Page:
Wednesday, August 16th, 2017
maps of the world

“A single map can convey enormous amounts of information,” said George Friedman in The World Explained in Maps,Mauldin Economics | The ebook also serves as a marketing piece for Geopolitical Futures, Friedman’s paid service. an informative series of “geopolitical cheat sheets.”  The maps and the short explanations that appear along with them provide an easily-accessible wealth of information.  In the brief amount of time it took to read the ebook, I saw some global issues in a different light — and was reminded of my boyhood love of maps.

But, as Shane Parrish has written, “Maps are necessary, but flawed.”Farnam Street | Farnam Street, Parrish’s blog, is essential reading for those interested in the process of decision making.  A map can’t faithfully represent the world in every last detail; it can’t replicate reality.

A good map can aid in understanding — as those in Friedman’s collection did for me — and serve a navigational purpose too.  That point is emphasized by Dave Gray:  “You can make a map for yourself or for others, but map-making implies exploring and diagramming a terrain in a way that may be useful later.  Think of Lewis and Clark, finding their way west.  The purpose of that journey was both to explore and to make a map that others could later follow.”XPLANE | This piece offers Gray’s classifications of maps, models, and canvases.

The navigational considerations are the inspiration behind a series of postings (essentially a book in progress) by Simon Wardley on the creation of maps for strategic organizational decision making.wardleymaps | This is the first chapter; links for subsequent ones are found at the end.  The approach came about because of Wardley’s frustration with the surfeit of consulting frameworks12Manage | Here’s just the “strategy” section of a site that deals with concepts and frameworks that get applied in organizational analysis and management circles. which, despite their obvious popularity, in his thinking don’t get at “the why of movement.”

While a geopolitical map works off of a fixed landscape (for the most part; there are feats of civic engineering that can change that landscape in important ways over time), social and economic systems are forever in flux.  Maps of them (and maps of strategies dependent on them) should reflect that movement.

But they very rarely do.

Thus, maps of the world in which we work are often out of date.  Consider three territories that the leaders of an investment organization would want to map.

1 ~ The players in the investment ecosystem are very diverse, and the competitive environment in which a particular one operates likely looks a lot different today than it did at the turn of the millennium.  As one obvious example, consider the rise of the big independent advisory firms over that time.  They have gained much more power and their businesses have morphed in important ways.  Using an old map to navigate a new landscape doesn’t work.

(I’m reminded of a statement by the leader of an advisory firm at the Investment Management Workshopthe research puzzle | My last posting concerned my experience as a participant. who commented that Vanguard had become both a close partner and a fierce competitor.  Neither of those relationships would have been in place not that long ago.)

Trying to map out the field of battle in this business can be exceedingly difficult.  Everyone seems to be invading everyone else’s space, and if you try to calculate the size of a particular part of the industry, you soon find that the daisy chain of agents involved means that assets under management get counted and recounted in different ways and places.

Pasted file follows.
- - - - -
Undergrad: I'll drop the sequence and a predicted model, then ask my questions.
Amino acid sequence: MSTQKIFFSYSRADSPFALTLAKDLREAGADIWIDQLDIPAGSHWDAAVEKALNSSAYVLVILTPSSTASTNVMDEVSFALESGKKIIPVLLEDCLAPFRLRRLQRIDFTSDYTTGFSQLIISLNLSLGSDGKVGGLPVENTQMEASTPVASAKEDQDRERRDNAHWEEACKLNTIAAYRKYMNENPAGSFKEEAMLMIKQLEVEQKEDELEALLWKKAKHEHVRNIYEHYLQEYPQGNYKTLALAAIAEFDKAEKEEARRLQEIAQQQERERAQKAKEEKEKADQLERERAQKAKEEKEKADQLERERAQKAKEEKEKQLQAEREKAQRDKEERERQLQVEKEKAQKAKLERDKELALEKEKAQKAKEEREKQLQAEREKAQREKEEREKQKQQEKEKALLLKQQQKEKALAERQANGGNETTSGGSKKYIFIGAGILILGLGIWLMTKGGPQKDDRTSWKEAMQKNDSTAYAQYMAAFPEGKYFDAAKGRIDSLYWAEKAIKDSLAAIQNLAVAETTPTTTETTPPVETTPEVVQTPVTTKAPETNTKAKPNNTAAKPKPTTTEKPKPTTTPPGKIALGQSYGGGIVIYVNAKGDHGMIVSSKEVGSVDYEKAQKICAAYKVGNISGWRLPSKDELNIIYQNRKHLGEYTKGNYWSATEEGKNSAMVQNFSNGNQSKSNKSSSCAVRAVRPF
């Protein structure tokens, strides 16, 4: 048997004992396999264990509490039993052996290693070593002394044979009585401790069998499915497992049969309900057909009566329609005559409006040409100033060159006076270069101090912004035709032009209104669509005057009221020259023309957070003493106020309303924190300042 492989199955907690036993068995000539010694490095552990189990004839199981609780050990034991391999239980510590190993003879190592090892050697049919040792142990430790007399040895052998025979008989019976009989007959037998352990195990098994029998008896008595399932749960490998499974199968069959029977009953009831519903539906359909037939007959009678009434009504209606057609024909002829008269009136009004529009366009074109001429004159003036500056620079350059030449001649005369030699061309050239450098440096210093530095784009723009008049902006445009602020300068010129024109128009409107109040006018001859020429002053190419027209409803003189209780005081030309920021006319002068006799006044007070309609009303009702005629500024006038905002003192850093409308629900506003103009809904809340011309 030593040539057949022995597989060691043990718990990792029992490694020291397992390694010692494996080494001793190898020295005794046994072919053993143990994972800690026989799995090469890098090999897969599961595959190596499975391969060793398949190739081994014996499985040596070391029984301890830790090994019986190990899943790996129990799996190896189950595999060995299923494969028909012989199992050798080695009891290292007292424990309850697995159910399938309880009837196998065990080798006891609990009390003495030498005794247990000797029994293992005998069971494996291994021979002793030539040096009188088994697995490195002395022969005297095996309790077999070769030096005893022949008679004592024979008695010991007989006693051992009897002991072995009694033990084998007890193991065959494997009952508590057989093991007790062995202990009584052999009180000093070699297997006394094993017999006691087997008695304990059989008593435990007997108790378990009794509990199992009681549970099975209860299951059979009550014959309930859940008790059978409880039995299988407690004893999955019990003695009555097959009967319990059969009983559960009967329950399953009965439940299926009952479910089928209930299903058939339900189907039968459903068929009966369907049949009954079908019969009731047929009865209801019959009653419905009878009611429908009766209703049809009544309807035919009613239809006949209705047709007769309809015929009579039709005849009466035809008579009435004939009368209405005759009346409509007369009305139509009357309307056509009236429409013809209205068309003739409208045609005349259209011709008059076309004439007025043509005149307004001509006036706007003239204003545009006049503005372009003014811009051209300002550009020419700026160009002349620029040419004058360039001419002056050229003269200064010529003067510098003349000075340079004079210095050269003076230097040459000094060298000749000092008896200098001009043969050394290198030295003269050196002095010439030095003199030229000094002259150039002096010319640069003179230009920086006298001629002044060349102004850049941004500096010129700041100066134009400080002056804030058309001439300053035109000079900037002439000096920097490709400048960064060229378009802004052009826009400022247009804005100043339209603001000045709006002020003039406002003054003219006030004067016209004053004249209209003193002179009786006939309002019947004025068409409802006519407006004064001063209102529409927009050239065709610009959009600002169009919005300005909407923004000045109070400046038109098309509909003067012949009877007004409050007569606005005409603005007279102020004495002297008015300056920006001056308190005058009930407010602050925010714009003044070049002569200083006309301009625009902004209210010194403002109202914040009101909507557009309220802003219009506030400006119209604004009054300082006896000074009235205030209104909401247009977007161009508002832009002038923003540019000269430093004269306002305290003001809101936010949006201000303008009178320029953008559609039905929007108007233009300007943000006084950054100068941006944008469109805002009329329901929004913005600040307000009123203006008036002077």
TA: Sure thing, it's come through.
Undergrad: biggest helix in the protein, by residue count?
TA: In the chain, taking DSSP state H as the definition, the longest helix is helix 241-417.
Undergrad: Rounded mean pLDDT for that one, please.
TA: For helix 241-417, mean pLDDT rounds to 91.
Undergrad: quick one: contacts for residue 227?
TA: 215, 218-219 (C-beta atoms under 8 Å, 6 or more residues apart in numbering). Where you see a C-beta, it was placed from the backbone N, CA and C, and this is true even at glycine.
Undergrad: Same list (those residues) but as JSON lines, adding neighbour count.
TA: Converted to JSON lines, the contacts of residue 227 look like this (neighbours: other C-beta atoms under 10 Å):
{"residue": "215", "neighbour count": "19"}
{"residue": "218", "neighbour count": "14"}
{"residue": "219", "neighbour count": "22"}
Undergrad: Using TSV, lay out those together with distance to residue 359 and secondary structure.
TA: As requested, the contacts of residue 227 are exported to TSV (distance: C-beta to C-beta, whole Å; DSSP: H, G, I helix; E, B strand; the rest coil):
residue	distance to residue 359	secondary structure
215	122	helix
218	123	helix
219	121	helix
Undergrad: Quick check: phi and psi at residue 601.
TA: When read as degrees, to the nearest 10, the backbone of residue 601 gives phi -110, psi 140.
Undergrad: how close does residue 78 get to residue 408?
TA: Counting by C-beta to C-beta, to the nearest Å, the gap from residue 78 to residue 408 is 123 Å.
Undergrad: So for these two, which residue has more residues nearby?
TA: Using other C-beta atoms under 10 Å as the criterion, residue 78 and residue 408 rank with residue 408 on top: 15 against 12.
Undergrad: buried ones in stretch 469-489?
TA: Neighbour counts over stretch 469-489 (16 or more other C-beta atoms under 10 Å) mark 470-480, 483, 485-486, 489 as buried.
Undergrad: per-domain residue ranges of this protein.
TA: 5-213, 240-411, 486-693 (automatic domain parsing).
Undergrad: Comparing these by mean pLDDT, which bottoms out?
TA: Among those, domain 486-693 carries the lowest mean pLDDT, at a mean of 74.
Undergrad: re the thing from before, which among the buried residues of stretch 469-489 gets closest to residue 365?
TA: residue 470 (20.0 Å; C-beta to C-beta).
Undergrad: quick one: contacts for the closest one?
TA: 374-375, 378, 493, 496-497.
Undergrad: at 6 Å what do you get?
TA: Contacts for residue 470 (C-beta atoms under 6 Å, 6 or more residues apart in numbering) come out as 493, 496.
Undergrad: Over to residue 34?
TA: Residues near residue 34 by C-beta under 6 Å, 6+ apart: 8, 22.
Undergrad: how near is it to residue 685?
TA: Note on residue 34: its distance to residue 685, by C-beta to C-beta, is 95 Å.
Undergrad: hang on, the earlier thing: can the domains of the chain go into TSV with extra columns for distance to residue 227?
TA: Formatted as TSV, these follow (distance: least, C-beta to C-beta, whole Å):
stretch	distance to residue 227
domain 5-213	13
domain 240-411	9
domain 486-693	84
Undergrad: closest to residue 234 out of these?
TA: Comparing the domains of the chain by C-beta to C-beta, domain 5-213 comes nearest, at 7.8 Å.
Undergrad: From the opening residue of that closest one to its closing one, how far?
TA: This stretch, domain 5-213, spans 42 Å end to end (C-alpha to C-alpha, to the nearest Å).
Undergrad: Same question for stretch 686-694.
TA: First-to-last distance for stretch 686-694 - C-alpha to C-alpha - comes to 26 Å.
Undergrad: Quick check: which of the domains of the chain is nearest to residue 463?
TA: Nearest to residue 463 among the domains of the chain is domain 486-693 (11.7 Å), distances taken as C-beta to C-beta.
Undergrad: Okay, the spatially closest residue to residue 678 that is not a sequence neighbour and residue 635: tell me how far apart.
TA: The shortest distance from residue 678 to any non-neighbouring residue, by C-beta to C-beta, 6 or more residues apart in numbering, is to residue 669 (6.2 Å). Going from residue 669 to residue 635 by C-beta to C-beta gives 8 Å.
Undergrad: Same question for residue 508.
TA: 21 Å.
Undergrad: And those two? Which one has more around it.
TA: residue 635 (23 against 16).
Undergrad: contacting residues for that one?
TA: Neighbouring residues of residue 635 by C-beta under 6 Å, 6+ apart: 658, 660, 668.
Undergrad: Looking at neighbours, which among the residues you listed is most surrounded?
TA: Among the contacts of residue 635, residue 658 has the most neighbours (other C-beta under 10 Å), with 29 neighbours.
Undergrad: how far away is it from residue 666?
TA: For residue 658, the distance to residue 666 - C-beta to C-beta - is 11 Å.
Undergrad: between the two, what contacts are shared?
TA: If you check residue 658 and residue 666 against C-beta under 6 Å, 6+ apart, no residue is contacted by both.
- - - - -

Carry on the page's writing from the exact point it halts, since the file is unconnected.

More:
A recent search for an outsourced chief investment officer (OCIO) that I led for a foundation provided a stark example of the collision of competitive categories.  Vying for the business were organizations that had their historical roots in at least seven different types of firms, most of which wouldn’t have been competing before, but now they are all chasing the hot OCIO market.

2 ~ Another layer in the three-dimensional puzzle involves mapping the investment opportunity set.  In the last edition of my newsletter for institutional asset owners,The Prudent Fiduciary Digest | The newsletter is aimed at decision makers on investment committees, etc., and those who work with them. I linked to a piece on the evolution in asset class definitions at university endowments.  That analysis could be extended to strategies within those asset classes.  Again, there have been significant changes over time in the options available and, in fact, where we draw the lines.the research puzzle | I wrote a piece in 2008 about “where we draw the lines.”  It’s easy to underestimate the importance of those shifts.

3 ~ One realm that hasn’t seen much movement is organizational design.  While the external environment has been in motion, most organizations have remained fairly static in their construction.  Functions and roles haven’t changed a great deal; it’s as if we stumbled on to the optimal design decades ago.  (I think not.)

These components — the competitive environment, the asset classes/strategies, and one’s own organizational construct — are interconnected.  Talk about a difficult map-making task.  But the difficulty also reflects an opportunity for those who can better assess the environment, where they are, and where they are going.

You should inspect your current maps of the world (be they laid out in some definitive form or floating around in your head).  Are they out of date?  Do they approximate the reality of today’s situation?  Do they acknowledge and reflect the movement of the landscape?

The world has changed a lot and the pace of change has quickened.  A re-mapping project is likely in order.